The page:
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Lauren Graham has had an incredibly successful acting career after Gilmore Girls, but for most fans, she’ll always be Lorelai Gilmore. Graham appeared in the show for all seven seasons and reprised her role for the Netflix four-part special in 2016. Graham almost wasn’t Lorelai, though. In fact, she received the script twice before she even bothered to read it.

Lauren Graham was attached to another project when Gilmore Girls was casting actors

Graham wasn’t exactly available when Gilmore Girls began its casting. While she was initially tapped for the role of Lorelai, Graham was working on a show for NBC. M.Y.O.B was a short-lived series that revolved around a teen who was searching for her birth mother. Graham played the poised and somewhat cold aunt in the series, according to IMDb.  

Because Graham was attached to M.Y.O.B she didn’t think she’d have a chance to get involved in Gilmore Girls. M.Y.O.B’s lackluster ratings and the networks’ willingness to negotiate freed Graham up to take on Stars Hollow. M.Y.O.B aired just four of its eight produced episodes.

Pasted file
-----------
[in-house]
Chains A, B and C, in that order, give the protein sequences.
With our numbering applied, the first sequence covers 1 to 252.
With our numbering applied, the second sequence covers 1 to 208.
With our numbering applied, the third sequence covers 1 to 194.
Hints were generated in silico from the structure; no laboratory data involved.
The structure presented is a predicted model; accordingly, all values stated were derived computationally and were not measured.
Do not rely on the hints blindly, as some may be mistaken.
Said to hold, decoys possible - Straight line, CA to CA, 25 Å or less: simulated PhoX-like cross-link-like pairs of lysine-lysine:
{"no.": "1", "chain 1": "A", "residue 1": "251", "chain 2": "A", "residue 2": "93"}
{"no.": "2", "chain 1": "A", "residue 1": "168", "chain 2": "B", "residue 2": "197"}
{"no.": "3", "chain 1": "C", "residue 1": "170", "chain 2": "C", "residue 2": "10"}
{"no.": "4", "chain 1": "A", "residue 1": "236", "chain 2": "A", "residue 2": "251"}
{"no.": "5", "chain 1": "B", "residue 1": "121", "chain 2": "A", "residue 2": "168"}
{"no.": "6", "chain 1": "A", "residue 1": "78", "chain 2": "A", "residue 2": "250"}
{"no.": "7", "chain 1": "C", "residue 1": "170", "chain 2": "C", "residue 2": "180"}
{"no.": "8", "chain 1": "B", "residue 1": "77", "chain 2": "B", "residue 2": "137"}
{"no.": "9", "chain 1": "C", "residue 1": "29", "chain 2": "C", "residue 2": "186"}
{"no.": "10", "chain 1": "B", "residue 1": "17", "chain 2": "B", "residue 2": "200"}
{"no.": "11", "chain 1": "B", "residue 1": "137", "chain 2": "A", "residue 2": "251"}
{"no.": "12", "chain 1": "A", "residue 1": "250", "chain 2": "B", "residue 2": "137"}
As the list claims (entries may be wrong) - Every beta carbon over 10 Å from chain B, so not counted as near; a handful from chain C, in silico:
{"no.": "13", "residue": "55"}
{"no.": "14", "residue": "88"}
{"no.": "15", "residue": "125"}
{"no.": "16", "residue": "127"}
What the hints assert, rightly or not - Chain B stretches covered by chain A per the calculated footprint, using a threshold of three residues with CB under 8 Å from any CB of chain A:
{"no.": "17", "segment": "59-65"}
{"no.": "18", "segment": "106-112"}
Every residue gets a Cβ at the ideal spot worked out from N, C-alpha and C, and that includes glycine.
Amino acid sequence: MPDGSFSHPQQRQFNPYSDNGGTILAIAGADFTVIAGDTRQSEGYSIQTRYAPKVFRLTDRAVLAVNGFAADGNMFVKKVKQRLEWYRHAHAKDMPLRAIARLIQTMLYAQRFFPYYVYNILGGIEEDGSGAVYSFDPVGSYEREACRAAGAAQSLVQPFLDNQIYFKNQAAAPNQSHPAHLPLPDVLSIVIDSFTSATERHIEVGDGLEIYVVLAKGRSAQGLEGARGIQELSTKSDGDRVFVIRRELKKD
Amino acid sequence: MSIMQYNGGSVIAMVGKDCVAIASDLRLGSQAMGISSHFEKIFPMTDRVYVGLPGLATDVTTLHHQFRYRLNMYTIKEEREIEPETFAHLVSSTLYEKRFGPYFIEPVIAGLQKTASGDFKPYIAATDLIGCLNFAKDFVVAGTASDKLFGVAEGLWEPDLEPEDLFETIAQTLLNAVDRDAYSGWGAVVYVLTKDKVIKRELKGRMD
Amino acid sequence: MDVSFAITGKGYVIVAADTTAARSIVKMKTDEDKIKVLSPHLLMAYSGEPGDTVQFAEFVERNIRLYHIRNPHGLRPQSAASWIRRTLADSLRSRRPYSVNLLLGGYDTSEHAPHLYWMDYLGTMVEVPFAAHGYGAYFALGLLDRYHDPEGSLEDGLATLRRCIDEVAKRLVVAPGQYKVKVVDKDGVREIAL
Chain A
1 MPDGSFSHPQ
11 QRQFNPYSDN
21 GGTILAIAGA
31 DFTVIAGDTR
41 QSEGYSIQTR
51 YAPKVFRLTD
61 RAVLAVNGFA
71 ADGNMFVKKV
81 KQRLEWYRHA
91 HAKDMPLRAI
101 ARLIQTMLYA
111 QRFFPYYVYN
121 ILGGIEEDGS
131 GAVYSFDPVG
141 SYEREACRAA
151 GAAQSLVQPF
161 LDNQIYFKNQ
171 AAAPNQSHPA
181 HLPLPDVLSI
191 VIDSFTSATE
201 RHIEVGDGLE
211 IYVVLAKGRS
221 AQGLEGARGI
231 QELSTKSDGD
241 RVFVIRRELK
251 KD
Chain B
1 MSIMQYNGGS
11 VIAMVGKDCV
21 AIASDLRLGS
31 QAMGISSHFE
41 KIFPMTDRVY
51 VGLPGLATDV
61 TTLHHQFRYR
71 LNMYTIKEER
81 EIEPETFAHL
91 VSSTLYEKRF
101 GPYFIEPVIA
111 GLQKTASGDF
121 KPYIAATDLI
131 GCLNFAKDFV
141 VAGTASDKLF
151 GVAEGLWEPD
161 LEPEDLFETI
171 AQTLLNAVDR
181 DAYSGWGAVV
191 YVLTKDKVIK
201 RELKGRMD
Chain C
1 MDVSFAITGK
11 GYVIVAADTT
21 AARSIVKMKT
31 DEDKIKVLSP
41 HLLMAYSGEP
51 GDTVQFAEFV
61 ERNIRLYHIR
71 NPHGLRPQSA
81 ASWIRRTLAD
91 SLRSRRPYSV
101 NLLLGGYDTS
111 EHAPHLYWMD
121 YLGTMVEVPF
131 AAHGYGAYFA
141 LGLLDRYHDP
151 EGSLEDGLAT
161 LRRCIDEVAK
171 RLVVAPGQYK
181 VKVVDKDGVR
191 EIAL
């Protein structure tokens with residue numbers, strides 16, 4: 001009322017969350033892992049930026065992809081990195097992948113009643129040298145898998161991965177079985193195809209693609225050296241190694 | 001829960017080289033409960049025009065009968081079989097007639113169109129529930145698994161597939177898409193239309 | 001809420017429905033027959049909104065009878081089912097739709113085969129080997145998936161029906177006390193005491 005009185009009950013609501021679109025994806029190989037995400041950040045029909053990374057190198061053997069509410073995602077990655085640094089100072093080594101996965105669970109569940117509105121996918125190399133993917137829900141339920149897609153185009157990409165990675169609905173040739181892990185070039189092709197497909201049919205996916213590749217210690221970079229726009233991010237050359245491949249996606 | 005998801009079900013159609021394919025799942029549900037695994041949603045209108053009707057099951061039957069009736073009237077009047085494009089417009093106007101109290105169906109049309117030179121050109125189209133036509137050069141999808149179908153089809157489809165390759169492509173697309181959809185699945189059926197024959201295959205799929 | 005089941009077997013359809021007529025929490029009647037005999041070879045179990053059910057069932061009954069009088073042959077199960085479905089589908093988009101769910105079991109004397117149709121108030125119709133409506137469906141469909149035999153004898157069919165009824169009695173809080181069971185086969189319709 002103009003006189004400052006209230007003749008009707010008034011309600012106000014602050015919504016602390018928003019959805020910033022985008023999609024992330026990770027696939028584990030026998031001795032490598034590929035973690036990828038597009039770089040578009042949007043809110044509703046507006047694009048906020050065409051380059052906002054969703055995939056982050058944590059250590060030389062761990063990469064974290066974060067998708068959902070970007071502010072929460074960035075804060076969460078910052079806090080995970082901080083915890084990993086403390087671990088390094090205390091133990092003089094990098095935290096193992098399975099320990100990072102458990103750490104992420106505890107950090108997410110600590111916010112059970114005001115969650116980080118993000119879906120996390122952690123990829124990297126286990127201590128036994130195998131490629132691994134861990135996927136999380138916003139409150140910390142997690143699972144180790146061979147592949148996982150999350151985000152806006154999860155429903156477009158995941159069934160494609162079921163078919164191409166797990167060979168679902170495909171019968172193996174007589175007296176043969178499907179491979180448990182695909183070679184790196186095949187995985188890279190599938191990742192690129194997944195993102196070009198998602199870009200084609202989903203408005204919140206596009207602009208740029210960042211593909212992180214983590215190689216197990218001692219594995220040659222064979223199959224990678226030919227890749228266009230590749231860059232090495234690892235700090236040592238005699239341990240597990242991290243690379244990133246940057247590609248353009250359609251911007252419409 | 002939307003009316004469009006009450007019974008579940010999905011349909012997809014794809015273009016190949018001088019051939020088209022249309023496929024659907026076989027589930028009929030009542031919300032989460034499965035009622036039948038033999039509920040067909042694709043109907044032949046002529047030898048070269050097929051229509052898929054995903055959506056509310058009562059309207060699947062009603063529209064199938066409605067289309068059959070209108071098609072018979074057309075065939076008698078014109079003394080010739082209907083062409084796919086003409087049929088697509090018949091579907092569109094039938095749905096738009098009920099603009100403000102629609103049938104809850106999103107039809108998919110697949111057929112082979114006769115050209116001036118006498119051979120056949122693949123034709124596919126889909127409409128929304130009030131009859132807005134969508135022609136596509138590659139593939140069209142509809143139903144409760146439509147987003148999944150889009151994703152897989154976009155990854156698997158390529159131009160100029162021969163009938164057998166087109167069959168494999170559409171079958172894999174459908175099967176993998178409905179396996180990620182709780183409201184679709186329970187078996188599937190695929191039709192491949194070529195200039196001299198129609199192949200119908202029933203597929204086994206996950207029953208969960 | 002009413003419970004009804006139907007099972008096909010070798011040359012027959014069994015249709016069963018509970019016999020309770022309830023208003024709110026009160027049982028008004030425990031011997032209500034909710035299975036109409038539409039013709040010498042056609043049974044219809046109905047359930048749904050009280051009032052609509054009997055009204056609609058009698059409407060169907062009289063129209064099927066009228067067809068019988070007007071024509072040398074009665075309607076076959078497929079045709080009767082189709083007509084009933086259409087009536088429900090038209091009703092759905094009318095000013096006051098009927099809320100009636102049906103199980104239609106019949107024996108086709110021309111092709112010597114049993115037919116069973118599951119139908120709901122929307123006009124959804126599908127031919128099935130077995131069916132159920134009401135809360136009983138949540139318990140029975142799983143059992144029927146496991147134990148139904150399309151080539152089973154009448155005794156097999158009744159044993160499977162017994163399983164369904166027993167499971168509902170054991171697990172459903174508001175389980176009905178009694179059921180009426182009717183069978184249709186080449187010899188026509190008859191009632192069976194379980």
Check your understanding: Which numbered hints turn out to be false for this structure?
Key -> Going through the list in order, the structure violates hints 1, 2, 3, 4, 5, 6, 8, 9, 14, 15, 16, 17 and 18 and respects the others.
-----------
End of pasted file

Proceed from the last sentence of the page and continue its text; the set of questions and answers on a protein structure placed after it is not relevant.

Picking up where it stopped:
Graham didn’t bother reading the script the first time it was delivered

Graham has been pretty honest about her time on Gilmore Girls. The role, in many ways, defined her, and she hasn’t minded it one bit. That doesn’t mean she was instantly sold, though. In her book, Talking as Fast as I Can, Graham admits that she hadn’t bothered to read the Gilmore Girls script when it was first delivered to her.

Alexis bledel and Lauren Graham
Alexis Bledel and Lauren Graham | Jim Spellman/WireImage

She stated, in the autobiography, that she hadn’t bothered to read the script because she didn’t want to get attached to a project that she likely couldn’t commit to. By the time the script was delivered to her a second time, she sat down and gave it a read, and instantly felt a connection to her future role of Lorelai.

Everything fell into place after Graham finally read the script

Amy Sherman-Palladino and the team behind Gilmore Girls reportedly had a tough time casting the role of Lorelai. They were so interested in working with Graham that they told her agent they were willing to take her in “second position,” an industry term that refers to a network casting an actor who is already tied to another project.


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The Hollywood Reporter suggests casting in “second position” is becoming more common, but back in 2000, when Graham signed on to Gilmore Girls, it was a big gamble. If Graham’s show M.Y.O.B had been picked up for a second season, the WB would have had to negotiate Graham out of her contract or recast the role. M.Y.O.B was not picked up for a second season, meaning Graham was free to become Rory Gilmore’s mom.